Before "Despacito," the "Macarena" dance craze proved the viability of a Spanish crossover hit and ruled the Hot 100 for 14 weeks.
It only took four years, three countries, two Spaniards and a Miami DJ team, but on Aug. 3, 1996, Los Del Rio's "Macarena" topped the Billboard Hot 100, wrapping an improbable journey to the summit of the American pop charts for a song whose origin dates to a 1992 party in Venezuela.
There, Los Del Rio – the duo of Antonio Romero Monge and Rafael Ruíz Perdigones from Seville, Spain – was inspired by a woman named Madalena, which led Romero to craft the melody that would become "Macarena" during a 1993 studio session.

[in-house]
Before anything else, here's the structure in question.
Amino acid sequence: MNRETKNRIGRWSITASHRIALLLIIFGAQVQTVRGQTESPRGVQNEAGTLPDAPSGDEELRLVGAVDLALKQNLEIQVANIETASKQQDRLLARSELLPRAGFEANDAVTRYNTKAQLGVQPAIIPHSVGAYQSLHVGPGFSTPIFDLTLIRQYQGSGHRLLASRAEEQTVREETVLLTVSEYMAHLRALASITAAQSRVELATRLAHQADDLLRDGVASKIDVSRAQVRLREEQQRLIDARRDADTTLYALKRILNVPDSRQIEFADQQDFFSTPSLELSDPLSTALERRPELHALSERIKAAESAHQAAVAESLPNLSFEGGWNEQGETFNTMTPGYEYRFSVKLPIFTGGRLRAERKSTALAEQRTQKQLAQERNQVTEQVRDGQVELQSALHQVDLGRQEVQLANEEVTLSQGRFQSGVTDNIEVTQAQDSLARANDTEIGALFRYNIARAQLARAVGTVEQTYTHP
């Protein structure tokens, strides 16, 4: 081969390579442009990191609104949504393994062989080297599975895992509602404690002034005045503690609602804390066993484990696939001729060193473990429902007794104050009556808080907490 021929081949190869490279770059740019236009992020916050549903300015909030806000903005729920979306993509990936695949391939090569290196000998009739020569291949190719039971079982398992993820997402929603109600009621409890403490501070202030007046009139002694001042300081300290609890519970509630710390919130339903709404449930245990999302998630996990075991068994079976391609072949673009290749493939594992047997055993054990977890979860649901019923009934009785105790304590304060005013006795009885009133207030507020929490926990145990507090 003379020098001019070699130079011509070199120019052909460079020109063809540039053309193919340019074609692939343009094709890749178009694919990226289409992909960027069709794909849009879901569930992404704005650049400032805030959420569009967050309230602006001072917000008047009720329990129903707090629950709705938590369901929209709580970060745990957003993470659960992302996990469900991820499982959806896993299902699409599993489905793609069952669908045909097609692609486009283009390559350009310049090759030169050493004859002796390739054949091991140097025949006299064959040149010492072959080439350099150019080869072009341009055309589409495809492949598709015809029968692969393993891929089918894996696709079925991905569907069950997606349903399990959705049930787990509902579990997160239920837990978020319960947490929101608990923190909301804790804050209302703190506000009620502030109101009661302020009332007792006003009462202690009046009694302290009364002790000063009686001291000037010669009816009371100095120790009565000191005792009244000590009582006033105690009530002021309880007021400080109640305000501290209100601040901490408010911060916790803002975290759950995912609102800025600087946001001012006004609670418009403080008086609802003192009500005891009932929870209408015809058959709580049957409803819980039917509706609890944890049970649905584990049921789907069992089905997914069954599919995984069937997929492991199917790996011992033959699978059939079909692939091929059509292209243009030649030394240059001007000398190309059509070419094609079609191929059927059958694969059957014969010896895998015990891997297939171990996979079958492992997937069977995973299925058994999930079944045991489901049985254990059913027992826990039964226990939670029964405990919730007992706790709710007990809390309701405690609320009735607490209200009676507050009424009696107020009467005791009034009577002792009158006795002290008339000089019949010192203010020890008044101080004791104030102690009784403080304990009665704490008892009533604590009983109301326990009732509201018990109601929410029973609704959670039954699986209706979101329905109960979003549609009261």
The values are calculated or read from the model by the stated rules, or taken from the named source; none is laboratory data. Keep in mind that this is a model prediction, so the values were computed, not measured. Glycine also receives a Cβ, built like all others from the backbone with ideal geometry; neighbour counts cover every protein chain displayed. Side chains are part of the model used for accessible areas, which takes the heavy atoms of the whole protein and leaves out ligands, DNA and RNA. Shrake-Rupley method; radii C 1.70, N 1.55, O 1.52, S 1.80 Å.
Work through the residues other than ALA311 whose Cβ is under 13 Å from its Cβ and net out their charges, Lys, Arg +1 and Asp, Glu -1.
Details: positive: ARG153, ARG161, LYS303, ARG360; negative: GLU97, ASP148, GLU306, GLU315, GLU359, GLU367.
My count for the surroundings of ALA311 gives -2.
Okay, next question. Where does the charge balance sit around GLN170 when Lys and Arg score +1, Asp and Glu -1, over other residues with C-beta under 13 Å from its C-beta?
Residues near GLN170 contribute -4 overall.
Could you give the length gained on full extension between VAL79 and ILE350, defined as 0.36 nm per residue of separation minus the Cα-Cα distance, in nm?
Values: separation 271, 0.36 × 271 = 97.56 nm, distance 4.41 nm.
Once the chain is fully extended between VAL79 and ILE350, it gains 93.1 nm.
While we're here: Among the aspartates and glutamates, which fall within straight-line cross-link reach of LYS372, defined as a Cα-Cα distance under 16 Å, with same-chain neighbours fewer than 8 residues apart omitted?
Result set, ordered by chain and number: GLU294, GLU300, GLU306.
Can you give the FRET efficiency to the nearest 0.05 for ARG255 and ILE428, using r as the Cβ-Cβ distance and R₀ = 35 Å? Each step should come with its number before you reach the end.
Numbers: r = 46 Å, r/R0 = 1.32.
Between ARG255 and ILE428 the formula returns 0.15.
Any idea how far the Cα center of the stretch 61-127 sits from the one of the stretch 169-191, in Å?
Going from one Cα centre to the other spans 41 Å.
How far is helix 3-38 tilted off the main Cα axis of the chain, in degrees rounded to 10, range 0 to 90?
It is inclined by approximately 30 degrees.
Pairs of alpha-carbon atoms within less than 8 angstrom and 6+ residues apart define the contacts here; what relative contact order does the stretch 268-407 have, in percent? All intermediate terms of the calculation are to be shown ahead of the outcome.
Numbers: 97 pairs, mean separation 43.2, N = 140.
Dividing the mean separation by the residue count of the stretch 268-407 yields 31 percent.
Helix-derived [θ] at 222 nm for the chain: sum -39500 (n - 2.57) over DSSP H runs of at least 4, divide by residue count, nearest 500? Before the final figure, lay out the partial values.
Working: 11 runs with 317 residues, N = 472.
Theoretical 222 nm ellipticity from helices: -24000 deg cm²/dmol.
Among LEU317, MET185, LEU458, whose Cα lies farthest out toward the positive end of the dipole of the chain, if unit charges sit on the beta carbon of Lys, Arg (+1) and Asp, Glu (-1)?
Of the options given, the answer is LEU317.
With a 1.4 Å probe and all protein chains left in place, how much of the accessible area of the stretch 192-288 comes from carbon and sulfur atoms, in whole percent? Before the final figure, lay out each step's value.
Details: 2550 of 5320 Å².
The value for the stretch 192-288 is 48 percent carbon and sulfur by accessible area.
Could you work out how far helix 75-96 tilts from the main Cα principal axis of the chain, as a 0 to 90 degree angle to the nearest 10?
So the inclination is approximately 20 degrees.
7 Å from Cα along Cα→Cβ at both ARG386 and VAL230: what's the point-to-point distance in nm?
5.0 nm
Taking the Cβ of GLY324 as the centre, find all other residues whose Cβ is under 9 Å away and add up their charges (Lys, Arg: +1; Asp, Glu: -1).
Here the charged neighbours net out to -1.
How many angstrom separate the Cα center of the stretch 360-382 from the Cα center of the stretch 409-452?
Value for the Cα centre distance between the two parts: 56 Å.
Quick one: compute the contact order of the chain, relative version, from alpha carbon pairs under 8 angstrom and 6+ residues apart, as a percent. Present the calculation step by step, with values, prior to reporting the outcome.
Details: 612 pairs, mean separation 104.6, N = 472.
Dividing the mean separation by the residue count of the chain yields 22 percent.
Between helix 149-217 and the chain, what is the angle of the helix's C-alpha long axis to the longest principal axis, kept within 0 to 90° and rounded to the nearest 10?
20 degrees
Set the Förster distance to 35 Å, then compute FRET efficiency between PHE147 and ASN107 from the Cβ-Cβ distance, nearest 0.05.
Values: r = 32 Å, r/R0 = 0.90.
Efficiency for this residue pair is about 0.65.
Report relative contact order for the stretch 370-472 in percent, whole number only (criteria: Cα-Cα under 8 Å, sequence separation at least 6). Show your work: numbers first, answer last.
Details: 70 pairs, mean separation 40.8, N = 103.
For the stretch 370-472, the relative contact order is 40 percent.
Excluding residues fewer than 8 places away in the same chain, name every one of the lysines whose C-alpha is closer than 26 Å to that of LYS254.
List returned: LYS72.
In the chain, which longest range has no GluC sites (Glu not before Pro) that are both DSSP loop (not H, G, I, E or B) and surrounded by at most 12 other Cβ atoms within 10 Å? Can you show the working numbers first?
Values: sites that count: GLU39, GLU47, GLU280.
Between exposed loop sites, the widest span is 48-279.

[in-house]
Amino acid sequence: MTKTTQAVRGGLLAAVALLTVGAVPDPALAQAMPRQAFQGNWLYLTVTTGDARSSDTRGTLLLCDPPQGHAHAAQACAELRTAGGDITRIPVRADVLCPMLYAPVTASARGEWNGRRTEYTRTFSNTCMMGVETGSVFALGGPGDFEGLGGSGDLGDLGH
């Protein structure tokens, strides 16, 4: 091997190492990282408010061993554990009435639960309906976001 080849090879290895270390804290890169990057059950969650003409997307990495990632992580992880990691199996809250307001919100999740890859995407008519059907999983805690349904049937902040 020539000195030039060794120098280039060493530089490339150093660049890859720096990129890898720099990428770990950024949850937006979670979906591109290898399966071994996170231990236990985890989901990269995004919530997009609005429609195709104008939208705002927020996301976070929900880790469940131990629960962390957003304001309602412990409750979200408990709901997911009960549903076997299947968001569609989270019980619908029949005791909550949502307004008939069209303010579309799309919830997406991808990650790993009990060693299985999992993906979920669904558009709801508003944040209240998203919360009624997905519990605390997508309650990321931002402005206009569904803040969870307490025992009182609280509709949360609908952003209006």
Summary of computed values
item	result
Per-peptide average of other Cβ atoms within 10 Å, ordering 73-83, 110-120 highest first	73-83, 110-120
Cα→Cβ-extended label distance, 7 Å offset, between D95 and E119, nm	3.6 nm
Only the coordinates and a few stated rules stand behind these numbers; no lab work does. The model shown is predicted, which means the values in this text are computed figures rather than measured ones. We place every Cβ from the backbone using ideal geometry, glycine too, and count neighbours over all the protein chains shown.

The track arrived on U.S. shores via Miami, after then-WPOW (Power 96) DJ Jammin Johnny Caride heard it at a local nightclub. Although his station avoided playing exclusively-Spanish songs, Caride persuaded his bosses to make an exception. The program director demanded an English version, so Caride recruited two partners to rework the lyrics while retaining the original hook.